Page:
4 May 2008/Easter 7A * Acts 1:6-14/1 Peter 4:12-14; 5:6-11/John 17:1-11
The Reverend Kirk Alan Kubicek, Saint Peter’s at
Become A New Creation
Our Diocesan Convention began the morning after our Ascension/National Day of Prayer Service. To get to the ball rooms of the
Today stands between our Lord’s Ascension into heaven witnessed by the gathered community, and the outpouring of the Holy Spirit upon the gathered community some ten days later on the Feast of Pentecost
This Seventh Sunday after Easter is layered and richly imbued with deep and, given the High Priestly Prayer from the Fourth Gospel, even mystical meaning. It is important for us to stop whatever we are doing and to just let ourselves “be.” For in the deepest sense of being human, being a person, it is of utmost importance that we simply let ourselves “be” before we set about any kind of doing.
The ancient Greeks would say, “Know thyself.” I believe that is what Jesus has in mind as he prays for his disciples – that is, as he prays for us – that we may be one as he and the Father are one. And he says that this is eternal life: that we may “know you, the only true God, and Jesus Christ whom you have sent.”
That is our being is informed by a deep sense of who we are and whose we are: we are to be of God and Christ. As God and Christ are one, we too are meant to be one.
This was the message we received from our Bishop-in-Charge, John Rabb. Recorded from his hospital bed at GBMC, he reminded us of a most important fundamental aspect of our being – that is that we do not choose to be disciples of Jesus Christ, but rather we have been chosen. “You did not choose me,” says God in Christ. “Rather, I chose you!” It is Christ who has chosen all of us.
Take careful note in our gospel for today of the number of times Jesus says that we are those people “whom you gave me” – “you gave them to me” – “all whom you have given [me]” – “those whom you gave me.” We are those people who have been chosen by God and given to Christ Jesus.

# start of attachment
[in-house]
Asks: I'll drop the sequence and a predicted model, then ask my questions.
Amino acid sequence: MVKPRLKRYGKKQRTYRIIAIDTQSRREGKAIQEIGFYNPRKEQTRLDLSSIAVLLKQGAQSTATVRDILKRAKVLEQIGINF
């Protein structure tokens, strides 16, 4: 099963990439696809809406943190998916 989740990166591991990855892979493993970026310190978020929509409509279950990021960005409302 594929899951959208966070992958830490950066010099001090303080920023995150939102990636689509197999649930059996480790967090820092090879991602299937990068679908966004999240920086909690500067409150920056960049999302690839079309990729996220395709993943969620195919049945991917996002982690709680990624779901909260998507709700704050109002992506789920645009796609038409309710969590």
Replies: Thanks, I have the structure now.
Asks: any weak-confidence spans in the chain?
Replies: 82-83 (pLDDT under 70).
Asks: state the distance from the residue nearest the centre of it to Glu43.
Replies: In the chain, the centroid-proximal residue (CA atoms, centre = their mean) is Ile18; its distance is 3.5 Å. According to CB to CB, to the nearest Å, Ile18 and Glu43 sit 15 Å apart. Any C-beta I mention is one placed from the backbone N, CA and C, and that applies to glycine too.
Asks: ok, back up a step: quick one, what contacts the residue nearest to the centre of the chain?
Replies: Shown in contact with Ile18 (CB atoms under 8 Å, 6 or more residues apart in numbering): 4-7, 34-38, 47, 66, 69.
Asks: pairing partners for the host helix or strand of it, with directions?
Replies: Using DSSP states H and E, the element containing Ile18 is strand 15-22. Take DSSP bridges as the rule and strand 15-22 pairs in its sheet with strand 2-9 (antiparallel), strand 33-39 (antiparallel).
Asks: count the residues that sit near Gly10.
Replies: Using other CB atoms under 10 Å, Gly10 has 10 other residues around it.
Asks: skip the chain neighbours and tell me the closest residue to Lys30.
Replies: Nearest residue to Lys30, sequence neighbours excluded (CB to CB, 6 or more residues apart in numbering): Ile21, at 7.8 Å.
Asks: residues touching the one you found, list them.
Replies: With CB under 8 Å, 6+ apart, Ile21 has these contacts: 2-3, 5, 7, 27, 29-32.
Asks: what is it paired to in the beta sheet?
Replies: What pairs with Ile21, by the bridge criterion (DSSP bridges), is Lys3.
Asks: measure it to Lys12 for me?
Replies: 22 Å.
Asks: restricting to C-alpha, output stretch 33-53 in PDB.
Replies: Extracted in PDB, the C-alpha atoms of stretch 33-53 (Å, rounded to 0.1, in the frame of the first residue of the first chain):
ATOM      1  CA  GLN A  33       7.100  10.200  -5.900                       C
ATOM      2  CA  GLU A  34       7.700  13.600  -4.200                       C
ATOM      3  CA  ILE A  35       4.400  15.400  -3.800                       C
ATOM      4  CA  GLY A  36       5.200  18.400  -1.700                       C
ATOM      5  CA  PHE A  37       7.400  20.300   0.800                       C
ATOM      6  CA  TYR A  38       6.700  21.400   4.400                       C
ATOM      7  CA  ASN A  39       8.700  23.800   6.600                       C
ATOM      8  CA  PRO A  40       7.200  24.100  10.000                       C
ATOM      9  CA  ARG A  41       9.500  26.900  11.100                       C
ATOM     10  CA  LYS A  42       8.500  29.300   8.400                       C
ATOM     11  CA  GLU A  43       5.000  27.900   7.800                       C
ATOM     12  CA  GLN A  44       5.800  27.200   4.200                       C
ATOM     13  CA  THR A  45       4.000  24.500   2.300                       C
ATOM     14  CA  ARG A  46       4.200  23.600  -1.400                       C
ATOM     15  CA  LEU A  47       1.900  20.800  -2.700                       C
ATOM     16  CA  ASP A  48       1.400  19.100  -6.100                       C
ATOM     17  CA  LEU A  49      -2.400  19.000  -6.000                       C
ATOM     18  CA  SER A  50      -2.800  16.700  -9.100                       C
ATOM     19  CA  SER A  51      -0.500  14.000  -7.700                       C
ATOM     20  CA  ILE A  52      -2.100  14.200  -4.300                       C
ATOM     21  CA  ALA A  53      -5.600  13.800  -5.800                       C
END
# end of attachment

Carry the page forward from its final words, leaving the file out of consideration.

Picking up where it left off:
This is a truth of our very existence that seems to fly in the face of all modern sensibility that wants us to believe that we can be whatever we want to be, and that we can choose to be whatever and whoever we want to be. Such a modern understanding is precisely the “roaring lion” our “adversary the devil” that “prowls around, looking for someone to devour.”
Our calling is given to us. Who and what we are meant to be has been chosen before all time, before all creation – Jesus calls us to be his disciples, his followers and his Body, his ambassadors as Paul would put it, to a world that does not know Him. The only true God has given us to Jesus. “It is Jesus Christ who has chosen all of you,” said Bishop Rabb. “It is about who we are in Christ Jesus.”
This same theme was taken up by our Bishop-Elect, The Reverend Canon Eugene Sutton.
“What is the vision of God for us?” he asked. And then quoting Paul’s Second Letter to the community of Christians in
Being precedes doing. Until we “know” the only true God, and Jesus whom God has sent, we do not know ourselves – we do not know who we are and whose we are. Such knowing makes all the difference. It makes all the difference in how we view the world, how we view others in the world, and how we view one another in the household of God in Christ.
Our Bishop-Elect gave some ideas of how we might become a “new creation” – how we might “be” in Christ.” It will be, he said, through becoming a people of prayer. A people who know how to stop doing, and “be still, and know that I am God” in a place of stillness and silence – two very foreign locations in our present creation.
It will also mean becoming more and more a people of reconciliation so that we might “heal the breaches of the past.” Bishop Claggett, the first Bishop of Maryland, like most Anglicans and Episcopalians in
The Bishop-Elect made use of our Lord’s own metaphor of our being branches of the vine, and that our unity does not demand uniformity, but rather an acceptance of our inherent diversity as witnessed in the diverse community of the Trinity itself. He also suggested we might become a new creation by addressing the problems of Education in the city of
Finally, to be in Christ, to become a new creation, he said, will entail building a lot of bridges. To that end he finished his sermon on Friday with the following poem by Georgia Douglas Johnson, one of the Harlem Renaissance Poets (1890-1966):
Let’s build bridges here and there
Or sometimes, just a spiral stair
That we may come somewhat abreast
And sense what cannot be exprest,
And by these measures can be found
A meeting place - common ground
Nearer the reaches of the heart
Where truth revealed, stands clear, apart:
With understanding come to know
What laughing lips will never show:
How tears and torturing distress
May masquerade as happiness:
Then you will know when my heart’s aching
And I when yours is slowly breaking.
Commune - the altars will reveal...
We then shall be impulsed to kneel
And send a prayer upon its way
For those who wear the thorns today.
Oh, let's build bridges everywhere
And span the gulf of challenge there.
-Georgia Douglas Johnson